Alan Dershowitz: BuzzFeed report (and Mueller rebuke) a vivid example of “Get Trump” media mindset

As soon as I read the explosive BuzzFeed News report alleging there was evidence that President Trump had directed his former attorney Michael Cohen to lie to Congress, I was very suspicious.

Even before the Office of Special Counsel Robert Mueller issued a statement Friday night saying that the BuzzFeed account was “not accurate,” I wrote an op-ed for the New York Daily News raising questions about whether there was actually credible evidence that Trump suborned perjury or obstructed justice by telling Cohen to lie to lawmakers.

It seemed obvious that there were no smoking gun emails containing any such direction from the president. Nor would there be eyewitnesses to any such alleged conversation.


Unlike the obstruction of justice case that led to articles of impeachment being drafted against President Nixon and his resignation – where tape recordings proved criminal conduct by Nixon – the accusations against President Trump would have to rely on the credibility of Cohen, who has a long history of lying and little if any credibility.

In fact, Cohen was sentenced in federal court in December to three years in prison after pleading guilty to lying to Congress, campaign finance violations and financial crimes.

President Trump’s spokeswoman and his lawyers strongly disputed the BuzzFeed report, which was published Thursday, even before the statement from Mueller’s spokesman knocking down the story.

“Two words sum it up better than anything anybody else can say, and that is ‘categorically false,’” White House press secretary Sarah Sanders said Friday.

The anti-Trump pundits have been wrong so often that the only people who persist in believing them are Trump opponents who dream of seeing him forced out of office and maybe even winding up in prison.

That was followed by the Friday night statement of Mueller spokesman Peter Carr, who said: “BuzzFeed’s description of specific statements to the special counsel’s office, and characterization of documents and testimony obtained by this office, regarding Michael Cohen’s congressional testimony are not accurate.”

But despite the obvious weakness of the BuzzFeed report, many members of the “get Trump at any cost” brigade were busy digging Trump’s political grave and getting ready to dance on it soon after the BuzzFeed report became the focus of massive news coverage.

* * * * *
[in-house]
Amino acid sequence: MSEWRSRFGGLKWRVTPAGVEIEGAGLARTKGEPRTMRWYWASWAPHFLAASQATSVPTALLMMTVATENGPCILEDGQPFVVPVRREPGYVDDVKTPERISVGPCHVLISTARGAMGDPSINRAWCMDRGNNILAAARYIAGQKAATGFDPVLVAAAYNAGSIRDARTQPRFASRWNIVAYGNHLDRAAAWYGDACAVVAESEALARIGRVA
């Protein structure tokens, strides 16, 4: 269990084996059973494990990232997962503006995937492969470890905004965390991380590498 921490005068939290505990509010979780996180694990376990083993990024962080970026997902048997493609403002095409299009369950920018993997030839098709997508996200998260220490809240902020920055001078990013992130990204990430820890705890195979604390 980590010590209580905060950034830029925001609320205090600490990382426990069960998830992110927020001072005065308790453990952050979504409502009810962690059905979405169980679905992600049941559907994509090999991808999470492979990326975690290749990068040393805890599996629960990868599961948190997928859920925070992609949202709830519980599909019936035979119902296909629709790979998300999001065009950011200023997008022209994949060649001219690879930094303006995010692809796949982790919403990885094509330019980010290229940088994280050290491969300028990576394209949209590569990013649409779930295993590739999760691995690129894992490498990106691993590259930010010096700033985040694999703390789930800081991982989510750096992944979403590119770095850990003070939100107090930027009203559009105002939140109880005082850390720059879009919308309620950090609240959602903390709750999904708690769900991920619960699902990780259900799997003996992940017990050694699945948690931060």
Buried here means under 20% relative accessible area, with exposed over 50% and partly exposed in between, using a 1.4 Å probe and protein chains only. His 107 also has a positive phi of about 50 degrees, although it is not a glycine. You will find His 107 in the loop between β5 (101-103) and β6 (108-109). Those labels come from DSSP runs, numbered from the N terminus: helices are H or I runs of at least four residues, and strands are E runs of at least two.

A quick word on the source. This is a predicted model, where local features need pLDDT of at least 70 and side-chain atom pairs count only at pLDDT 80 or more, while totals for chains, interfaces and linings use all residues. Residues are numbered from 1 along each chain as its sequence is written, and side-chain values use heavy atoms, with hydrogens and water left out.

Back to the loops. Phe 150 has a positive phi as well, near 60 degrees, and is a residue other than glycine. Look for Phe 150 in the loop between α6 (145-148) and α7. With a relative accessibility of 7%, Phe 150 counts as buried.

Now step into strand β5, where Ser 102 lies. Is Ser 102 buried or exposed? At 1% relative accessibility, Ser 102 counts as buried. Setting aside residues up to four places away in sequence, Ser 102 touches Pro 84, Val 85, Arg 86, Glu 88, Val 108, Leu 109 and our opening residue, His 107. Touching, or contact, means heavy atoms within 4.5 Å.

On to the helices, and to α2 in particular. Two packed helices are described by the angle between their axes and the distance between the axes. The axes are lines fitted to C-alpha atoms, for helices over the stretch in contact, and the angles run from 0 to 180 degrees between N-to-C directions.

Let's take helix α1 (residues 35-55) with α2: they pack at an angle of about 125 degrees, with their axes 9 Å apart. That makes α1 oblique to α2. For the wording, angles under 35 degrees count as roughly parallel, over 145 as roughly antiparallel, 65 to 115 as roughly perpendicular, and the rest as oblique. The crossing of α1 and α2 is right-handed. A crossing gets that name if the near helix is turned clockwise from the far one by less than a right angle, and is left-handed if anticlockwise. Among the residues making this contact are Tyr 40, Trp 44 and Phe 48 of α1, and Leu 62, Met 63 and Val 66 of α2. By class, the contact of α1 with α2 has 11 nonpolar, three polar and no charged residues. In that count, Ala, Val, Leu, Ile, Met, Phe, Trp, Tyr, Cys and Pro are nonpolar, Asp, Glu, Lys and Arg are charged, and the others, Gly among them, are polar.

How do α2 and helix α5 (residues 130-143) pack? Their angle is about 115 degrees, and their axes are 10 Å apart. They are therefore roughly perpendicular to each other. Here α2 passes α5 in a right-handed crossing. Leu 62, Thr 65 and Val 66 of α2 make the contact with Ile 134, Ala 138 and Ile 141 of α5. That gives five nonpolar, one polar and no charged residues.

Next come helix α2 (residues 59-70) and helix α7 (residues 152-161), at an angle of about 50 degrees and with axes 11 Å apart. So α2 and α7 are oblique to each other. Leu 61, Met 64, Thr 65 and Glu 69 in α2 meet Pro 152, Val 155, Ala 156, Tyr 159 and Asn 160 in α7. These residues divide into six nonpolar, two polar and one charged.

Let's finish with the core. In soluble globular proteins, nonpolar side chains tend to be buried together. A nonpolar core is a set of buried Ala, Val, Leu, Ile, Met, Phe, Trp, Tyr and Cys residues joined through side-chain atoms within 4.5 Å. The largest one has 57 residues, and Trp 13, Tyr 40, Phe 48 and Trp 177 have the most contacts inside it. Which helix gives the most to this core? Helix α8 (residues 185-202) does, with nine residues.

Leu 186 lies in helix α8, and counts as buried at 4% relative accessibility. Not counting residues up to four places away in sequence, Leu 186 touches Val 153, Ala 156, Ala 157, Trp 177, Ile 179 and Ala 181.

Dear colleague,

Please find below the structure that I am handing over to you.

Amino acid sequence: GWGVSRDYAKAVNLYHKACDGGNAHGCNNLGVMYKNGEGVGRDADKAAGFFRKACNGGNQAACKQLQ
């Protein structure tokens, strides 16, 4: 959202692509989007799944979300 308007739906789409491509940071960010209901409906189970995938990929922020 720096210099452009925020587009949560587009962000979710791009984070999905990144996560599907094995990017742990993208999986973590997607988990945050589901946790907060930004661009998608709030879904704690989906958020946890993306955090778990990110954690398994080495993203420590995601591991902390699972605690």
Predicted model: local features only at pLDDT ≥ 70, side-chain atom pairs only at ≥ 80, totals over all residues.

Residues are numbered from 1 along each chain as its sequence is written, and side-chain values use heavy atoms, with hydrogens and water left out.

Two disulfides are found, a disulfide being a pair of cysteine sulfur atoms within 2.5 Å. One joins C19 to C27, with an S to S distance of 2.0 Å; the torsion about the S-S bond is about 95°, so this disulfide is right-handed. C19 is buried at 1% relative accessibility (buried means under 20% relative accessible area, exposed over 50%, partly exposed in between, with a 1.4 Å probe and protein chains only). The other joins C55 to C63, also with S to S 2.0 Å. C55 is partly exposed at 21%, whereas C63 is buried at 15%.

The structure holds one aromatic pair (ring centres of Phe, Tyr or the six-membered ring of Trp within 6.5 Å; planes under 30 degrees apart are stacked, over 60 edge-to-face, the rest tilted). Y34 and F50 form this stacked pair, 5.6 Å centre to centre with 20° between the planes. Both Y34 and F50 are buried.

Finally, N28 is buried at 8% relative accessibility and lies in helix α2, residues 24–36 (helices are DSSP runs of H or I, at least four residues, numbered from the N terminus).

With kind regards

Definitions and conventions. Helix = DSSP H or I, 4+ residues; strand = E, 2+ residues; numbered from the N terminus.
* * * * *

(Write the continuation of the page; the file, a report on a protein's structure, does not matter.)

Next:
Prominent congressional Democrats speculated about impeaching President Trump or calling for his resignation – and made plenty of false analogies to the articles of impeachment that had been drafted in the Nixon case.

As is typical of the “get Trump” media, wishful thinking took the place of thoughtful analysis and journalistic skepticism.

The anti-Trump pundits have been wrong so often that the only people who persist in believing them are Trump opponents who dream of seeing him forced out of office and maybe even winding up in prison.

By any objective standard, these self-appointed media “experts” have lost all credibility.

I wish the media would go back and show the categorical statements and confident predictions of their paid commentators who have been proven wrong so many times. Their record of accurate predictions is nothing to brag about.

In fact, BuzzFeed itself has repeatedly misreported allegations against President Trump. Even after Mueller’s office made the rare public statement Friday night to say that the BuzzFeed reporting was not accurate, BuzzFeed defended its accusation that President Trump had told Cohen to lie to Congress about negotiations by the Trump Organization to build a Trump Tower in Moscow.

BuzzFeed Editor Ben Smith tweeted Friday night: “We stand by our reporting and the sources who informed it, and we urge the Special Counsel to make clear what he’s disputing.”

Cohen had testified before Congress that negotiations on the Trump Tower deal – which never was finalized – ended in January 2016, before the beginning of presidential primaries. But prosecutors said later that the negotiations continued as late as June 2016, after Trump was clearly going to become the Republican presidential candidates.

Now that Mueller’s office has stated the BuzzFeed report that Trump told Cohen to lie to Congress about the negotiations was not accurate, how can the BuzzFeed possibly say the special counsel’s office is wrong?

Do the journalists at BuzzFeed know something the special counsel and his team of prosecutors and investigators don’t know? Do these reporters and editors think the special counsel is not being accurate? Or are they doubling down to avoid the embarrassment of admitting they were wrong?

The American people are the real victims of “wishful thinking” journalism – the reporting of items journalists wish were true rather than items that pass journalistic standards.

The public has no way of discerning good reporting from wishful reporting, particularly when the reporting is based on unidentified sources.

The worst offenders are the so-called expert commentators who pollute the media with unfounded and biased speculation based on partisan agendas rather than real expertise and experience.

The media should have standards – based on proven track records of accuracy – that their commentators must satisfy before they can opine or predict.


I must admit that my hope for more accurate reporting and less partisan commenting is itself wishful thinking, but there is a place for such thinking. That place is not in reporting facts or predicting outcomes.

The job of the media is to report the facts – not to engage in endless speculation without a factual basis.